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A medicine regulatory authority is long over due

Jan 26, 2015, 9:54 AM

The government through the Ministry of Health and Social Welfare, (MoHSW) has just inaugurated a medicine and pharmacy regulatory/governing body, which is tasked with the responsibility of helping to safeguard the welfare of people in drug-related use in The Gambia.

The governing board comprises a Medicine Control Agency and a Pharmacy Council. While the Council is aimed at controlling the sales and regulation of drugs in the country, the Agency is expected to look into the quality of drugs and medicine products to ensure authorization of any medicines that enter the country.

This is a step in the right direction and, in fact, is long overdue, as stated by the Minister of Health at the inauguration of the board.

“This is the greatest landmark that has happened in the development of pharmacy in this country,” health officials at the inauguration of the board stated.

“A lot has changed; today there are schools training pharmacists in this country. And the number of pharmacies in this country has also greatly increased and many are in training.”

This body that has been created is, therefore, expected to work very hard to ensure the highest standards of pharmacy practices are delivered in this country.

It is also very essential that the sale of fake or counterfeit and substandard drugs is stamped out of this country, as such drugs cause serious harm to our lives and the health of our economy.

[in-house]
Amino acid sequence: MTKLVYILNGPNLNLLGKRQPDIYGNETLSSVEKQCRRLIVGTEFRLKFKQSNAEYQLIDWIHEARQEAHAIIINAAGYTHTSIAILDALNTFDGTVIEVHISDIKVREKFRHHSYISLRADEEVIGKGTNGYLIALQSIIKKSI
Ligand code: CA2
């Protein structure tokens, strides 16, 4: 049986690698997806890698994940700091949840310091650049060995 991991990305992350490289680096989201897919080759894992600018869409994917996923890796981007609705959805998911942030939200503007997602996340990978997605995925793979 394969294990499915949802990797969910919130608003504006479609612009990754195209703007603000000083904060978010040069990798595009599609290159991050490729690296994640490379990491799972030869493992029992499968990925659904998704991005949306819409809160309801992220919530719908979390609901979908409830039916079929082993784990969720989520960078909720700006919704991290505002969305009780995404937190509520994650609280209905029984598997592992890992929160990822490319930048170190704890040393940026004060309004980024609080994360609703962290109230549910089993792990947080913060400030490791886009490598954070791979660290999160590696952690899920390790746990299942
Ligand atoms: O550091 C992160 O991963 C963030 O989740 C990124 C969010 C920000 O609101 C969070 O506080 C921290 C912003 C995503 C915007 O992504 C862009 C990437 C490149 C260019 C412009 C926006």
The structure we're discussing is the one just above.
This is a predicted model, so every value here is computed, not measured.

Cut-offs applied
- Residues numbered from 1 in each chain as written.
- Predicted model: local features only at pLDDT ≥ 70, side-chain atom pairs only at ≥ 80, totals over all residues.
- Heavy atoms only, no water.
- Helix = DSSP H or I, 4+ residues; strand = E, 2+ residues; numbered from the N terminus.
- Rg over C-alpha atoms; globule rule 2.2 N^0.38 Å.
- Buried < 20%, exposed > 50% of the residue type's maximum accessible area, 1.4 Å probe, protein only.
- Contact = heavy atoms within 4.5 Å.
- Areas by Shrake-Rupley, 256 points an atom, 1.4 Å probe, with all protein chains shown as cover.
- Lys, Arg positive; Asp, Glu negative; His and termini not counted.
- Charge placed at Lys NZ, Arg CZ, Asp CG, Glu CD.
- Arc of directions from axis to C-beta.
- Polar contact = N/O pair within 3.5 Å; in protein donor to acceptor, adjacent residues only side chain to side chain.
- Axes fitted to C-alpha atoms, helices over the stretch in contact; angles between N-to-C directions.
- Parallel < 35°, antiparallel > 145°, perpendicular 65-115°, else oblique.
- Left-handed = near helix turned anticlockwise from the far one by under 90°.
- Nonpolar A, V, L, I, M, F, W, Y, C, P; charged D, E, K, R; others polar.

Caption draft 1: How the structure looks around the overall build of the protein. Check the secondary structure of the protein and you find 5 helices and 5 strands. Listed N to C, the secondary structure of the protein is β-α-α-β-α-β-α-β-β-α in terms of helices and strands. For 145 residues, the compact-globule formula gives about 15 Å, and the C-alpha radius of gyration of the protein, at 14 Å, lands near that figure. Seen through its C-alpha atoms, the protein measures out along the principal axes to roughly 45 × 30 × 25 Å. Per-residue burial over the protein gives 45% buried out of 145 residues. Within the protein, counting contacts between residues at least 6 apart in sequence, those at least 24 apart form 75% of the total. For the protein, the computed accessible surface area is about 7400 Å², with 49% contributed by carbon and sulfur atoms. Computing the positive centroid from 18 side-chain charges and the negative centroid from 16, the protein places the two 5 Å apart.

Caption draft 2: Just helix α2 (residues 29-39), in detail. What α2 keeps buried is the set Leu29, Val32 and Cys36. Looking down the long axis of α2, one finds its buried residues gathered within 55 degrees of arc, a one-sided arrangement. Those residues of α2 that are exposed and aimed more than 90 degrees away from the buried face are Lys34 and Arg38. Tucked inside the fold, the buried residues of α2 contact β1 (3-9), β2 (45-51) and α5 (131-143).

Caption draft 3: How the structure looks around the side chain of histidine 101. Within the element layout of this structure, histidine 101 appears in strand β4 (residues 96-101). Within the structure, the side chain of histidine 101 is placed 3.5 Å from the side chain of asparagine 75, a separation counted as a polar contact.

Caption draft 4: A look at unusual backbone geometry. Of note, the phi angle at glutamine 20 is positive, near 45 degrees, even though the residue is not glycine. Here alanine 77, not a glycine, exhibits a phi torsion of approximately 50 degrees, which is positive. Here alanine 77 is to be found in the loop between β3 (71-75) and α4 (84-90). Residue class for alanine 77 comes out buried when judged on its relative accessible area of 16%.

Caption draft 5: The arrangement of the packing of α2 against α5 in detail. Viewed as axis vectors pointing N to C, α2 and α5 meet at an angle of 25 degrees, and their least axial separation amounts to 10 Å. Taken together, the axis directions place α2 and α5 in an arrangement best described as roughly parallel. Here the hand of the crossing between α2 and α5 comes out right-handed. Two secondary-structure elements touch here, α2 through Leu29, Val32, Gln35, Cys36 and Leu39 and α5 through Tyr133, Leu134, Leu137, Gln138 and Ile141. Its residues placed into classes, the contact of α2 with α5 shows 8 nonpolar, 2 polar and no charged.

While counterfeit drugs are deliberately and fraudulently mislabelled with respect to identity and/or source, substandard drugs are genuine drug products which do not meet the quality specifications set for them.

These problems are, therefore, expected to be addressed with the setting up of this new medicine governing board in the country.

Poor-quality medicine is unacceptable in this country, because it increases morbidity and mortality via a lot of fatal diseases it creates.

It is very essential to note that the impacts and problems of poor-quality medicines and drugs include engendering of drug resistance and loss of medicine efficacy;increased mortality and morbidity; loss of confidence in health systems and health workers;economic loss for patients, their families, health systems, and the producers and traders in good-quality medicines; adverse effects from incorrect active ingredients; waste of enormous human effort and financial outlay in development of medicines, optimising dosage, carrying out clinical trials, discussing policy change, and manufacturing medicines, and increased burden for health workers, medicine regulatory bodies, customs officials and police officers.

For these and other potent reasons to our health and economy, it is prudent and vital that medicine and drug-related activities in this country are properly regulated and monitored.

“Medicine is a science of uncertainty and an art of probability.”

William Osler